on Aug. 19, 2013 :
Eddie Clay III’s new novel is a surprise in every sense of the word. The ex-marine is trying his luck with an unexpected genre: romance. Who would have thought? The Seduction of Monet Dawson is a love story based on true events, set in California in the early 1990’s, and narrated by the author’s alter ego Gunnery Sergeant Thompson in a first person point of view.
After returning from a year-long assignment in Okinawa, Japan, Gunny Thompson, who has full custody of his six year old son, settles in his condo near Marine Corps Base, Camp Pendleton. He embraces life in the US. He is determined to make a home for his son and move on from a dead-end relationship he is in with a woman named Kay. The first five chapters lead up to and ultimately describe the most bizarre break-up story I have ever heard. Readers, brace yourselves. The author might have had doubts about the credibility of this incident also, because he provided official documents to prove the old truth: real life events can be much more far-fetched than the most intricate fiction. During this introductory interlude, Gunny Thompson meets the girl of his dreams. This is where the main story-line begins. It’s hard to summarize the plot without spoiling the story, so let me just say that it involves hypnosis, fire-eating, deep-core ethical decisions, mild sex, a benevolent neighbor (who would want to live without that?), and an astonishing twist at the end.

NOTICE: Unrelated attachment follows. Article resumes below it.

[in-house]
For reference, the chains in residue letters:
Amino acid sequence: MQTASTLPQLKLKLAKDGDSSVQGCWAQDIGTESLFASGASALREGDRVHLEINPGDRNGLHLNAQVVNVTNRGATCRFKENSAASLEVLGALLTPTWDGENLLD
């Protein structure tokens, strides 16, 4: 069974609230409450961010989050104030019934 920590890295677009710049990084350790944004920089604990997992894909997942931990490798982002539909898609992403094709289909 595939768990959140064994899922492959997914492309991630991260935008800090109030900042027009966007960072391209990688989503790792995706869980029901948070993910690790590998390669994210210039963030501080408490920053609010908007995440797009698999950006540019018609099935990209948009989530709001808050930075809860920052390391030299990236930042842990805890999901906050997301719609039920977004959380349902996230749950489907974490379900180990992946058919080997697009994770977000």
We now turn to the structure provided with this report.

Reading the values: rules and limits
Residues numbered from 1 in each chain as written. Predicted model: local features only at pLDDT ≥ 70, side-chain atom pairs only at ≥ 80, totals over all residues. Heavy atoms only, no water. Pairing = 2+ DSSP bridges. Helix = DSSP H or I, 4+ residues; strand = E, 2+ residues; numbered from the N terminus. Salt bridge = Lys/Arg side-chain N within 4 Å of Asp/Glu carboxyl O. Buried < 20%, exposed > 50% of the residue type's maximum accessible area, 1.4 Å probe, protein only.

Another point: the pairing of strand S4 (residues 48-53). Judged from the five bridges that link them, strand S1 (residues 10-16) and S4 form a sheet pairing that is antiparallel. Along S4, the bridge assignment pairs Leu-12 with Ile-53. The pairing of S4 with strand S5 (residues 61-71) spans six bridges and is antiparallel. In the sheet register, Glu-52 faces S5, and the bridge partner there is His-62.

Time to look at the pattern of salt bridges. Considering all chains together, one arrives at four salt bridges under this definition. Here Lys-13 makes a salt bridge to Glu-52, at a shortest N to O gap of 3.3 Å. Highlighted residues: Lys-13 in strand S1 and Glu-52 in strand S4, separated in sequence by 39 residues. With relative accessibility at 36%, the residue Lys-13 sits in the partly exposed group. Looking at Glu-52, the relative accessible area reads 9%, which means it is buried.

Eddie Clay III wrote this novel in eight weeks, which is a great accomplishment. However, I think the book would benefit from further structural editing. The title is a bit misleading: the story is not relayed through the confessions of a military wife, and the plot is not exclusively about the seduction of anybody. The three distinct sections of the novel (first five chapters, main plot, and last four chapters) are only loosely related, and although the dialogue flows naturally, some of it is redundant (see conversation about coupons at the check-out counter on page 36). The tone is somewhat uneven, also. Occasionally, it is hard to decide if this is a drama or comedy, even though towards the second half of the novel the author’s voice seems to mature, especially during the last segment.
Nevertheless, the book is an entertaining, easy read, and it provides plenty of issues and topics to ponder or laugh about. It is a “must read” for those of us who became Eddie Clay fans after reading his Mogadishu Diaries.
For The Harrington Review
August 9, 2013
(reviewed the day of purchase)